"Soul Train" creator Don Cornelius commits suicide

LOS ANGELES (Reuters) - Don Cornelius, creator of the iconic TV music and dance show "Soul Train" that helped introduce Americans to black pop culture, died on Wednesday after shooting himself in the head, Los Angeles officials said.

Police found the body of Cornelius, 75, at his house in the wealthy, hillside area of Los Angeles called Sherman Oaks at around 4 a.m on Wednesday. He was later pronounced dead at a local hospital.

"The death was reported as a suicide, a self-inflicted gunshot wound to the head," Los Angeles coroner's Assistant Chief Ed Winter said. Police said there was no evidence of foul play.

It was not immediately known why Cornelius would have taken his own life, although he was said to have been in failing health in recent years.

Cornelius, who launched "Soul Train" in Chicago in the early 1970s and hosted it for more than 20 years, told a judge in his 2009 divorce that he was suffering from significant health issues and wanted the case settled quickly.

"Soul Train", which ran until 2006, became part of U.S. pop culture history, boosting the careers of newcomers like the Jackson Five and older artists such as James Brown who were trying to tap into a younger audience.

Almost immediately following news that he died, tributes poured in from the music world.

Aretha Franklin, who appeared on the dance and TV show, called his death "sad, stunning and downright shocking and a huge and momentous loss to the African-American community and the world at large."

Composer and record producer Quincy Jones said he was "deeply saddened" at the sudden passing of his friend, colleague and business partner.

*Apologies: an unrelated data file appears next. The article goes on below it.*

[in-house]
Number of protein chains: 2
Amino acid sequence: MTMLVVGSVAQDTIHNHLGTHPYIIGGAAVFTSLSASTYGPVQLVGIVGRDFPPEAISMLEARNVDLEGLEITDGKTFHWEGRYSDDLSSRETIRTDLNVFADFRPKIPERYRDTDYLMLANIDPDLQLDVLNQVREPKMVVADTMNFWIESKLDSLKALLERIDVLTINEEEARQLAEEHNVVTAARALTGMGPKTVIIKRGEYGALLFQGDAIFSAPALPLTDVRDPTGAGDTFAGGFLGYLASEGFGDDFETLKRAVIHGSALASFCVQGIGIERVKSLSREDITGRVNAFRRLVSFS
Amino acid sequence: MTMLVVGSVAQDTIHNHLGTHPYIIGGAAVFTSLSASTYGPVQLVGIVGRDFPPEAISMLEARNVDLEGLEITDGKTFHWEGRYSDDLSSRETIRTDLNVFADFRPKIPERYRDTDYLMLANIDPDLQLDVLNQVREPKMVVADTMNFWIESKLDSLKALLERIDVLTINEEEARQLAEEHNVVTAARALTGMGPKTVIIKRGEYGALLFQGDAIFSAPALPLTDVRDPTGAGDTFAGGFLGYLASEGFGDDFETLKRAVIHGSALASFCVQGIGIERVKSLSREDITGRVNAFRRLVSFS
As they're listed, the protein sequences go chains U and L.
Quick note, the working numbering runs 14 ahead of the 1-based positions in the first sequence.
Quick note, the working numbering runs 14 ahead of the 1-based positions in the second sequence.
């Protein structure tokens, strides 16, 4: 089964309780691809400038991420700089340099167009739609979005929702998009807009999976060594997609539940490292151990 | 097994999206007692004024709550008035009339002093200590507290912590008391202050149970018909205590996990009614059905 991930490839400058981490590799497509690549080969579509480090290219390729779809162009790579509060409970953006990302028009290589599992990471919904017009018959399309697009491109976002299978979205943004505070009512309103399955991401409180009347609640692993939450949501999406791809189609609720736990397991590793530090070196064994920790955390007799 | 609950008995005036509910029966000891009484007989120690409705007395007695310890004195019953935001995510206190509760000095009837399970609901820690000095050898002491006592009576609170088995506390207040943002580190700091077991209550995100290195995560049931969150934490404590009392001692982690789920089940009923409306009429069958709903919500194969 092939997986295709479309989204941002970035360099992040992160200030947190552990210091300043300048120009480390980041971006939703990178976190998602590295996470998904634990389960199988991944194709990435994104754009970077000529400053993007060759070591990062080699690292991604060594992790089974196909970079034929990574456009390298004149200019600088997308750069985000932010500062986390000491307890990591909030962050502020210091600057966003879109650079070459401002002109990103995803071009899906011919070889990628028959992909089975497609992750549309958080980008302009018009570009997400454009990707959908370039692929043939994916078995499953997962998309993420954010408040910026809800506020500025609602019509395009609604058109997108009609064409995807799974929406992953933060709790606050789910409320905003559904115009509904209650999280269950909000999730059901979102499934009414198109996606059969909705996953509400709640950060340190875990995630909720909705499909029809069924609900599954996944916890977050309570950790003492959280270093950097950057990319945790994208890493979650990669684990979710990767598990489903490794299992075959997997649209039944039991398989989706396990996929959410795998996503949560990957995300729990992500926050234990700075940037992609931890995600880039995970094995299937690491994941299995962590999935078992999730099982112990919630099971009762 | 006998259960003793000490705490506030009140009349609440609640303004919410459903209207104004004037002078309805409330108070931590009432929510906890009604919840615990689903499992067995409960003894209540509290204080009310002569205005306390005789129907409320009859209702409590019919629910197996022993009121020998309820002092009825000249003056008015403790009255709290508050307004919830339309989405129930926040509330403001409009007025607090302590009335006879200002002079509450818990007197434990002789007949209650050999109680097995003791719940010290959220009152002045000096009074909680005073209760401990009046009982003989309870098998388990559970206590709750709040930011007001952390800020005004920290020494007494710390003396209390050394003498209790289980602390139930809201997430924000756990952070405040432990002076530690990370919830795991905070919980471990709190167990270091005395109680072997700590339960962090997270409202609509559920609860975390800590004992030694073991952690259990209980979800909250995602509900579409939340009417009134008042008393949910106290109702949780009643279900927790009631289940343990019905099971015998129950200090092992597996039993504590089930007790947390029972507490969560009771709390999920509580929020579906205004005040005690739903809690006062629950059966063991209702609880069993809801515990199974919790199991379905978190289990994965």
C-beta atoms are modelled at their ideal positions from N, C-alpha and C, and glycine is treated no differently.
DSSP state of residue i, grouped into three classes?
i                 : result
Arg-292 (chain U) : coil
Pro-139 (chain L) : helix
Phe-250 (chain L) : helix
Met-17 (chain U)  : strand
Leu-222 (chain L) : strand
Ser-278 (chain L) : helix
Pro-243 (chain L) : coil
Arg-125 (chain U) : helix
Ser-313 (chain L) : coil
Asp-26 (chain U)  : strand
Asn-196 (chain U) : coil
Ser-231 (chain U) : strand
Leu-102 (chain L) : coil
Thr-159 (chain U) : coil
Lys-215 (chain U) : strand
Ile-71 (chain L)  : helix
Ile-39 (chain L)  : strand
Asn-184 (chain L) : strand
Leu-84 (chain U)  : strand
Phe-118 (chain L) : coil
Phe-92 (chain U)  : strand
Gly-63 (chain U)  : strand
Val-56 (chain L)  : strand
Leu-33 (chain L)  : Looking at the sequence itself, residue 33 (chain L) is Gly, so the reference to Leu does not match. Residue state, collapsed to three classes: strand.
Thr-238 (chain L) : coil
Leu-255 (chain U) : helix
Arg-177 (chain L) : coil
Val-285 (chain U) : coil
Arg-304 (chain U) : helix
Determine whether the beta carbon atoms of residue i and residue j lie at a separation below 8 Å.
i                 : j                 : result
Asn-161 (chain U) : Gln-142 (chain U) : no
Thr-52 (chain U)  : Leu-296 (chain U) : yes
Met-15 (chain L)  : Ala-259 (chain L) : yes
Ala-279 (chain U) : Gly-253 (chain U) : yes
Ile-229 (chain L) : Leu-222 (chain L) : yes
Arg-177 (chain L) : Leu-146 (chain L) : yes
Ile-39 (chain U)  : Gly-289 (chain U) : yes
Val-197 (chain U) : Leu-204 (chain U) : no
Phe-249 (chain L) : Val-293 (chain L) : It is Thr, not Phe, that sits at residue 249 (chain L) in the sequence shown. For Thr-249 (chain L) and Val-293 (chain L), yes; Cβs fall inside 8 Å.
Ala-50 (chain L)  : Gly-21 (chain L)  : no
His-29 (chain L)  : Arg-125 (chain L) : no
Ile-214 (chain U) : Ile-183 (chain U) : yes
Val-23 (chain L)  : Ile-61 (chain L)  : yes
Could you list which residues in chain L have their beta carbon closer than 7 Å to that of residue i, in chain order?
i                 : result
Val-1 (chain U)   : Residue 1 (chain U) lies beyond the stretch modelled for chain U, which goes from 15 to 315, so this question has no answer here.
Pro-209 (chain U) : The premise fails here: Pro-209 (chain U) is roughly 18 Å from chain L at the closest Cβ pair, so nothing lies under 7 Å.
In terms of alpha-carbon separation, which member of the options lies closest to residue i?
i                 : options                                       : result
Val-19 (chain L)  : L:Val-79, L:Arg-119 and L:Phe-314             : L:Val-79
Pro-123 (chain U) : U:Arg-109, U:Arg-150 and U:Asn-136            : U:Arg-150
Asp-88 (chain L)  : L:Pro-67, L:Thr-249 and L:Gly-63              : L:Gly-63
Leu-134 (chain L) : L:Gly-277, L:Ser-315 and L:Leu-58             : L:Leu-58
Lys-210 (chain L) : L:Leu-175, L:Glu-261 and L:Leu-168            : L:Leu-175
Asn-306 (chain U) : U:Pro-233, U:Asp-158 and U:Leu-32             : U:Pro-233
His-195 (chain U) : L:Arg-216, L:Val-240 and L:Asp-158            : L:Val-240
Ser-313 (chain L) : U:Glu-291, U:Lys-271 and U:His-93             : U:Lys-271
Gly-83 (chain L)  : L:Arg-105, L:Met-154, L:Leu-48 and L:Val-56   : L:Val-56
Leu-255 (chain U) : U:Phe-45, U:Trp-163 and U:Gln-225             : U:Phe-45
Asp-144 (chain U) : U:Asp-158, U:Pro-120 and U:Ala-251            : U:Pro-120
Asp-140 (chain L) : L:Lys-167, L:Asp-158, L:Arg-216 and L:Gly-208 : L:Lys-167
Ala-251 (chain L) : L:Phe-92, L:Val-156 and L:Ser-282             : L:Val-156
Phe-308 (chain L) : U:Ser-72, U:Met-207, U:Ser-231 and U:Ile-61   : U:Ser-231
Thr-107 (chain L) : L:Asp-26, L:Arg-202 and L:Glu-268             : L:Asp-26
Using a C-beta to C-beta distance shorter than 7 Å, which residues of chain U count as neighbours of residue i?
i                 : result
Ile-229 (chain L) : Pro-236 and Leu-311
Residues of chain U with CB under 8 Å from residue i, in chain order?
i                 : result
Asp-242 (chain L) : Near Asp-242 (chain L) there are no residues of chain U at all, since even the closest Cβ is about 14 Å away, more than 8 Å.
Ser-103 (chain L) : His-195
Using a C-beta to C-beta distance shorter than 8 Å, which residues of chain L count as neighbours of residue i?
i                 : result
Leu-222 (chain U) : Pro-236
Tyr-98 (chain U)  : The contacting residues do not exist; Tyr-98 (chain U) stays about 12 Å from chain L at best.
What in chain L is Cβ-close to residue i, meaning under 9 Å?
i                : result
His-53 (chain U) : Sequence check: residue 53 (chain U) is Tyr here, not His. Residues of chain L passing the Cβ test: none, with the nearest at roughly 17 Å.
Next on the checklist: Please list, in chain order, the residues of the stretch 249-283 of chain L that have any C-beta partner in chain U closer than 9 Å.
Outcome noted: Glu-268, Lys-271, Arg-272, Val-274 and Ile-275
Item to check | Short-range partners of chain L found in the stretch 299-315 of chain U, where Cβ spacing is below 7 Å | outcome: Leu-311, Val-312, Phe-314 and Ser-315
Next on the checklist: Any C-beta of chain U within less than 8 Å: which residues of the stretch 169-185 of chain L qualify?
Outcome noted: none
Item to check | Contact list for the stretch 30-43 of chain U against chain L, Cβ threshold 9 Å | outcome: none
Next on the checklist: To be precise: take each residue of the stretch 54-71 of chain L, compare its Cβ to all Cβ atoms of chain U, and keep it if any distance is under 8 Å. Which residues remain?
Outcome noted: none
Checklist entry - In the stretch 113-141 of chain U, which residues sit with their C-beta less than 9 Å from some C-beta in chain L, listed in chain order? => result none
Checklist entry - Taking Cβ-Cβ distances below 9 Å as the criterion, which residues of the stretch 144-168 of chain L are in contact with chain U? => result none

The Recording Academy, which gives out the Grammys, called Cornelius a "trailblazer" who "created a cultural phenomenon with 'Soul Train.'"


Cornelius was born in 1936 in Chicago and as an adult, became a journalist who was active in the civil rights movement. For a time, he worked at local radio station WVON, and by the late 1960s he had dreamed up the idea of a TV show dedicated to the soulful sounds of African-American music.

"Soul Train" was born with the deep-voiced Cornelius as the host who gave hip kids of the '70s what "American Bandstand" creator Dick Clark offered TV viewers in the early days of rock 'n' roll -- a show mixing youth, music, fashion and pop culture.

As "Soul Train" gained popularity, it crossed over into mainstream TV and allowed R&B artists the ability to broaden their fan base.

"Don played an enormous part in my career by giving me exposure when there was none for African American recording artists on television," Dionne Warwick said in a statement. She called him "an icon of the broadcasting world."

Cornelius hosted "Soul Train" until 1993. The show continued to air. It eventually became the longest running U.S. series in first-run syndication. Cornelius sold his company in 2008.

"Once he left the TV show, he kind of dropped out of sight... He stayed within the confines of his family and home," Los Angeles-based black music historian Tom Reed said.

Civil rights activist Rev. Al Sharpton, a longtime friend, expressed shock and grief over Cornelius' death.

"He brought soul music and dance to the world in a way that it had never been shown and he was a cultural game changer on a global level," Sharpton said in a statement.

Former basketball star Earvin Magic Johnson, whose Vibe Holdings company currently owns the rights to "Soul Train", said on his Twitter account; "`Soul Train' taught the world how to dance! I thank (Don) for trusting me with his `Soul Train' brand and I will carry on his legacy through it."

A statement was posted on the Soul Train website calling Cornelius a "television visionary."

(This version refiles to fix typo in word 'She' paragraph 14)

(Reporting By Lauren Keiper, Jill Serjeant and Piya Sinha-Roy; Editing by Cynthia Johnston)


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